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Date: 22 June 2018
Atomtronics : ultracold atoms instead of electrons  

Topic Name: Atomtronics : ultracold atoms instead of electrons
Category: Organic electronics
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Research persons: B. T. Seaman, M. Krämer, D. Z. Anderson, and M. J. Holland

Location: University of Colorado,440 UCB,Boulder, CO 80309-0440, United States


Atomtronics : ultracold atoms instead of electrons

JILA physicists
are investigating complex and interesting materials, circuits, and devices based
on ultracold atoms instead of electrons. Collectively known as atomtronics, they
have important theoretical advantages over conventional electronics, including
(1) superfluidity and superconductivity, (2) minimal thermal noise and
instability, and (3) coherent flow. With such characteristics, atomtronics could
play a key role in quantum computing, nanoscale amplifiers, and precision
A recent analysis
by graduate student Brian Seaman, research associate Meret Krämer, and Fellows
Dana Anderson and Murray Holland describes the operation of atomtronic
batteries, circuits, diodes, and transistors. These devices are based on
strongly interacting ultracold Bose atomic gases in lattices. The researchers
show how the behavior of ultracold atoms in such systems is analogous to that of
electrons in a doped semiconductor. Their study lays the theoretical groundwork
for more advanced atomtronic devices, including amplifiers, oscillators, and
logic gates.

devices use atom analogs of currents, batteries, and resistors. Atom flux, or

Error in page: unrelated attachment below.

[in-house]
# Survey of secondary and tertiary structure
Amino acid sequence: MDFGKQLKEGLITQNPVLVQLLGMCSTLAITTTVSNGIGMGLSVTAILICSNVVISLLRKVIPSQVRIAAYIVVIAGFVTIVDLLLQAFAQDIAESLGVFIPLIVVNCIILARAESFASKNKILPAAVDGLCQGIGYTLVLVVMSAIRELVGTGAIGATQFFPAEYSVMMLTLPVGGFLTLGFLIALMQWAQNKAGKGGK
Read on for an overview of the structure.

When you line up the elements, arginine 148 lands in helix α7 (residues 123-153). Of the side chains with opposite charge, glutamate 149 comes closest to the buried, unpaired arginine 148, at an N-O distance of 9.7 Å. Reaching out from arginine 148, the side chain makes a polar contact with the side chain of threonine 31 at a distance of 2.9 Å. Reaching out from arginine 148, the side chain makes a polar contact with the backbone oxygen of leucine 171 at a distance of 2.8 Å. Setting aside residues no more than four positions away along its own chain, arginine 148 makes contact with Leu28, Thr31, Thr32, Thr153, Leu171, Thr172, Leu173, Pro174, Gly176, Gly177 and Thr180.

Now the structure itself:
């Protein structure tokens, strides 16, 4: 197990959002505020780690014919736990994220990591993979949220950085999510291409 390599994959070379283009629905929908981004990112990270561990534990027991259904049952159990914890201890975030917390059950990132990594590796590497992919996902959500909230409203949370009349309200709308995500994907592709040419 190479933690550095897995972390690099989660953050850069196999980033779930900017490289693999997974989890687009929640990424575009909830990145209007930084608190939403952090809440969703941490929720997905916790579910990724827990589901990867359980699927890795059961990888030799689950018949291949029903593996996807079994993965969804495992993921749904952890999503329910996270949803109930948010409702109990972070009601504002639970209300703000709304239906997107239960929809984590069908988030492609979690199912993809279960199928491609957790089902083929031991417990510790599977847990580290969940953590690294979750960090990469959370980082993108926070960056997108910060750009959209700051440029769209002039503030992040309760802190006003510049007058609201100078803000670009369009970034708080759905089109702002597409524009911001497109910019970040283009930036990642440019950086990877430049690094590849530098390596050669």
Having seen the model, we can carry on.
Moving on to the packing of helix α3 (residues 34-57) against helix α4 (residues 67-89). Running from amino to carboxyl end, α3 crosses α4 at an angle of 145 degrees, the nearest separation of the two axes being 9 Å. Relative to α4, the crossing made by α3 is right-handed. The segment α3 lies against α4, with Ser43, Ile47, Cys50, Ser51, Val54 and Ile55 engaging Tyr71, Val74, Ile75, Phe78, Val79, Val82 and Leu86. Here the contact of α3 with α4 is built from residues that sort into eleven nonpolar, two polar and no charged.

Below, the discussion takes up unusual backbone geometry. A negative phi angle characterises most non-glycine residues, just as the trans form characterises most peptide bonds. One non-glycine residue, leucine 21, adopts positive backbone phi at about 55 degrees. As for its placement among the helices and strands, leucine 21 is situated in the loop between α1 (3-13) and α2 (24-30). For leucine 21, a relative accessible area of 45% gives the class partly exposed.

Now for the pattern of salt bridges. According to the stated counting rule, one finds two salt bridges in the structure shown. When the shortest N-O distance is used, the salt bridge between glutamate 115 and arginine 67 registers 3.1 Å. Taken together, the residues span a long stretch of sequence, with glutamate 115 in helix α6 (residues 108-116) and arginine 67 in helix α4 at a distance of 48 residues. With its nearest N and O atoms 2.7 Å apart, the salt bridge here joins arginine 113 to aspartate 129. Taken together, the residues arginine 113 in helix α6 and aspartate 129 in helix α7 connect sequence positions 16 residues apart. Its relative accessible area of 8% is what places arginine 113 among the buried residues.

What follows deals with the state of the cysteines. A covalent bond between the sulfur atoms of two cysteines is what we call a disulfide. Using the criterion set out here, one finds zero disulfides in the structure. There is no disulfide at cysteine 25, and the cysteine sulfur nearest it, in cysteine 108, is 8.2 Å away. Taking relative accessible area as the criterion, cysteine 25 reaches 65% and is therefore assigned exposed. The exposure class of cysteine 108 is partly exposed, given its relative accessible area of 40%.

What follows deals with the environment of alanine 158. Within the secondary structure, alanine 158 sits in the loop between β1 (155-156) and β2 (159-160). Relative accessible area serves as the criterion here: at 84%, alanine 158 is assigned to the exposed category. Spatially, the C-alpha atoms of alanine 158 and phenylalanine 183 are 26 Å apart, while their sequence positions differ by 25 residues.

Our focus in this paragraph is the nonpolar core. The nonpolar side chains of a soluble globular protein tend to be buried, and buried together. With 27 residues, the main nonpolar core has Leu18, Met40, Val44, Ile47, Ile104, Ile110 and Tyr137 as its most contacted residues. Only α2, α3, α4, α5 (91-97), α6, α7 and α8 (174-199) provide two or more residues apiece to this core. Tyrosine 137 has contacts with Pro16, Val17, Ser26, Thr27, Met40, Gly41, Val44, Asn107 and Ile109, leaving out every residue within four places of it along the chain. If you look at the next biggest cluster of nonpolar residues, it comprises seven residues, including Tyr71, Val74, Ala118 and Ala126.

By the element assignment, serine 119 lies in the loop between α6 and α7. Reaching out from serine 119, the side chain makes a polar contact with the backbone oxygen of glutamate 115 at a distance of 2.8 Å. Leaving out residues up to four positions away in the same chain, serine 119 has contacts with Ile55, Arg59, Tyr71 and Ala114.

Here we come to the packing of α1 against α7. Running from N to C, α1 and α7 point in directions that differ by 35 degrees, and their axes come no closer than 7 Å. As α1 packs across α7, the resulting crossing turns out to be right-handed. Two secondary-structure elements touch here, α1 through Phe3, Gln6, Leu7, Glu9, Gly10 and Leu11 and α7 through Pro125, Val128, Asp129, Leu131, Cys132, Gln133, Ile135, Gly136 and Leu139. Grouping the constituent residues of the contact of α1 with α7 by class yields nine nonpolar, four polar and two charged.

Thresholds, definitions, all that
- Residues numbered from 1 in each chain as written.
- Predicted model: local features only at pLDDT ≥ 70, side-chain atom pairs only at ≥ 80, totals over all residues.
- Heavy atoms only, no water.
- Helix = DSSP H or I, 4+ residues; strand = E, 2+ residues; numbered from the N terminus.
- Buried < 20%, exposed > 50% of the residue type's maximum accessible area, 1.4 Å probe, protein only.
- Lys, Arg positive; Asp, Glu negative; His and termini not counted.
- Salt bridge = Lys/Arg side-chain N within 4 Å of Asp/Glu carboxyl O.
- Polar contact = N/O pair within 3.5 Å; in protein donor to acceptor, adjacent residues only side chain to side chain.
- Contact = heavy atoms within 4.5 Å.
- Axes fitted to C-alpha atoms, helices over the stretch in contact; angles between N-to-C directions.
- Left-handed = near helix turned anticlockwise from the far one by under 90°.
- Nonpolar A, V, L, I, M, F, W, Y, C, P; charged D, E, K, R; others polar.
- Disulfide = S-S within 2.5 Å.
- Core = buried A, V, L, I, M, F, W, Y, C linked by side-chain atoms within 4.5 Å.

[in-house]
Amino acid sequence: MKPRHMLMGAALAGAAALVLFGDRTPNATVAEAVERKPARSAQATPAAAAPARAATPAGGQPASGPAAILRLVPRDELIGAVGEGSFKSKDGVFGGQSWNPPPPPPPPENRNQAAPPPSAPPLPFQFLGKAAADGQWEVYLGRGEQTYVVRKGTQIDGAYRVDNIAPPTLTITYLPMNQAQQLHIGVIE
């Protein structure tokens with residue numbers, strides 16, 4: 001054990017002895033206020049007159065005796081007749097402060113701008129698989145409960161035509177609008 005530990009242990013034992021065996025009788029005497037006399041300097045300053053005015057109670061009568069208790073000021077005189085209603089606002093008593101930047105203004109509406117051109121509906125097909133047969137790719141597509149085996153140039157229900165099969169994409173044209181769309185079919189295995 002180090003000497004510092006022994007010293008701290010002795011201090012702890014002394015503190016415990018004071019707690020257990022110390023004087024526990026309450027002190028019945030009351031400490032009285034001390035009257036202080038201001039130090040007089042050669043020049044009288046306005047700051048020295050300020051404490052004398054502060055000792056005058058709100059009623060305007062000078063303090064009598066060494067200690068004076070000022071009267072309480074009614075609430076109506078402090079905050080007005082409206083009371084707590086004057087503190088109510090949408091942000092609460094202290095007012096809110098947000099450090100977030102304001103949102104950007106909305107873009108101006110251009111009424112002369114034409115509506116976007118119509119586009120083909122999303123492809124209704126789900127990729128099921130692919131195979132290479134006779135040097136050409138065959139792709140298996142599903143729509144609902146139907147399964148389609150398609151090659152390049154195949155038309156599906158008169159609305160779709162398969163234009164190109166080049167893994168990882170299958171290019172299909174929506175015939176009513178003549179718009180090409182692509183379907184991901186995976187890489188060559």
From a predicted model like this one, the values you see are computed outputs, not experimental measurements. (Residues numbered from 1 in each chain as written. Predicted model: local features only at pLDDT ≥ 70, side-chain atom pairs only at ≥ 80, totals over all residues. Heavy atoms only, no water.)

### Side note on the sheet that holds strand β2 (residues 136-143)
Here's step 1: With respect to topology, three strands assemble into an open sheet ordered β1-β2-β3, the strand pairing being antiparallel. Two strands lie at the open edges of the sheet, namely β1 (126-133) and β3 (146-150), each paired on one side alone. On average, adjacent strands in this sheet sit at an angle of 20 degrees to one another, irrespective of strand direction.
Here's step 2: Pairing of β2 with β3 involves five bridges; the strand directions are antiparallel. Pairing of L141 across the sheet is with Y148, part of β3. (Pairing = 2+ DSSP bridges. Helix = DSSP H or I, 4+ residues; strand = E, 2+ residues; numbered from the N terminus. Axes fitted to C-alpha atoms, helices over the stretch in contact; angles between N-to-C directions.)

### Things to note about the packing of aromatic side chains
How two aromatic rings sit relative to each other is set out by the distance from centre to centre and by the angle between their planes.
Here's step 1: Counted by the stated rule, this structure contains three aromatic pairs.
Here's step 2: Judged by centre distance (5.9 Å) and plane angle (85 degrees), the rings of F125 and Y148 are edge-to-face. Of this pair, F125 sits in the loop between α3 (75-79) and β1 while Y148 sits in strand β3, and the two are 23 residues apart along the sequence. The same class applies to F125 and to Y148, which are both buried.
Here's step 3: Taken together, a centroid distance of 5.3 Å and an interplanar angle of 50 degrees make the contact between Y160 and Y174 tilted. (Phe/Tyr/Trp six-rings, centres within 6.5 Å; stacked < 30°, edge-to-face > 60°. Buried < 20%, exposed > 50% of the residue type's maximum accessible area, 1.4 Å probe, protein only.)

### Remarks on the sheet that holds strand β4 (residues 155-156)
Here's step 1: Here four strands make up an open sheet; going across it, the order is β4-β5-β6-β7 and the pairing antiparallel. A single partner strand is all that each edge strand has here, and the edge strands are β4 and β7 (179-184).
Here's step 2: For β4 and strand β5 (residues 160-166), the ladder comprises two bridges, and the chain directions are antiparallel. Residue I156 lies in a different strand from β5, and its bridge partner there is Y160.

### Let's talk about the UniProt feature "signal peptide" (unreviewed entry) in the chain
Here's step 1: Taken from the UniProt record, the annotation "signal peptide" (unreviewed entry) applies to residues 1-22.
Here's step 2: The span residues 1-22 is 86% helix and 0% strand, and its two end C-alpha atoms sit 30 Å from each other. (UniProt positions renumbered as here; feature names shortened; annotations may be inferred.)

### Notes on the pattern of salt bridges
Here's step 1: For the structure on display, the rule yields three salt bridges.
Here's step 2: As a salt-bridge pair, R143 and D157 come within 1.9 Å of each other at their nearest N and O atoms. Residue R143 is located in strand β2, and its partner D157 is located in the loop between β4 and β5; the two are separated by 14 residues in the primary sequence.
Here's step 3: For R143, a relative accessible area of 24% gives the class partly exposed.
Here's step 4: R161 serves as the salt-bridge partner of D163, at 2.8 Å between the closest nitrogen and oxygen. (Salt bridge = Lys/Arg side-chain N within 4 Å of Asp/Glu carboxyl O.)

current, plays the role of electric current. Atom currents appear when atoms can
flow from a high-density region to a lower-density region. The difference in
atom density creates a chemical potential, analogous to the electrical potential
created inside a battery. If two optical lattices are connected by a waveguide,
this "wire" will allow atoms to flow from a lattice with lots of atoms to
another that contains just a few atoms. In this way, the optical lattices
connected by a waveguide function as a "battery," as shown in the schematic at

In atomtronic
circuits, increasing the height of an optical lattice will slow atom currents,
as a resistor does in an electronic circuit. However, higher lattices don't
dissipate heat and cause power loss as do resistors. In addition, precisely
adjusting the height of adjacent optical lattices and changing the number of
atoms in the lattices can create a "diode," which allows current flow in only
one direction. Such atomtronic diodes are analogous to semiconductor diodes
created by ajoining N-type and P-type semiconductors.

atomtronic transistors can be created by aligning two diodes back to back to
control a large current flow with a small current. However, in atomtronics, such
an arrangement creates a large negative gain, which is the opposite of what
happens in typical electronic transistors. This difference may require an
adjustment in design to replicate electronic circuitry. Even so, the new theory
of atomtronic transistors is particularly significant as it opens the door to
the implementation of an atom amplifier in the near future.

Seaman and his
colleagues' theoretical analysis of simple atomtronic devices and ciruits
required finding solutions to multiple complex dynamics calculations. The
researchers plan to build on this work by developing a more complex theory of
atomtronics and developing more straightforward calculation methods.


B. T.
Seaman, ,

University of Colorado

440 UCB

Boulder, CO 80309 USA

Voice: (303) 485-4070

Fax: (303) 492-5235




Dana Z.

[home page]

Fellow of JILA
Professor, Department of Physics
dana@jila.colorado.edu (303) 492-5202

Research Areas:
Atomic & Molecular Physics
Optical Physics,

Precision Measurement


[home page]

Fellow of JILA
Assistant Professor, Department of Physics
mholland@jila.colorado.edu (303) 492-4172

Research Areas:
Atomic & Molecular Physics
Optical Physics,
AMO Theory

Funded &
supported by JILA.

JILA is jointly
operated by the University of Colorado (CU) and the National Institute of
Standards and Technology (NIST).

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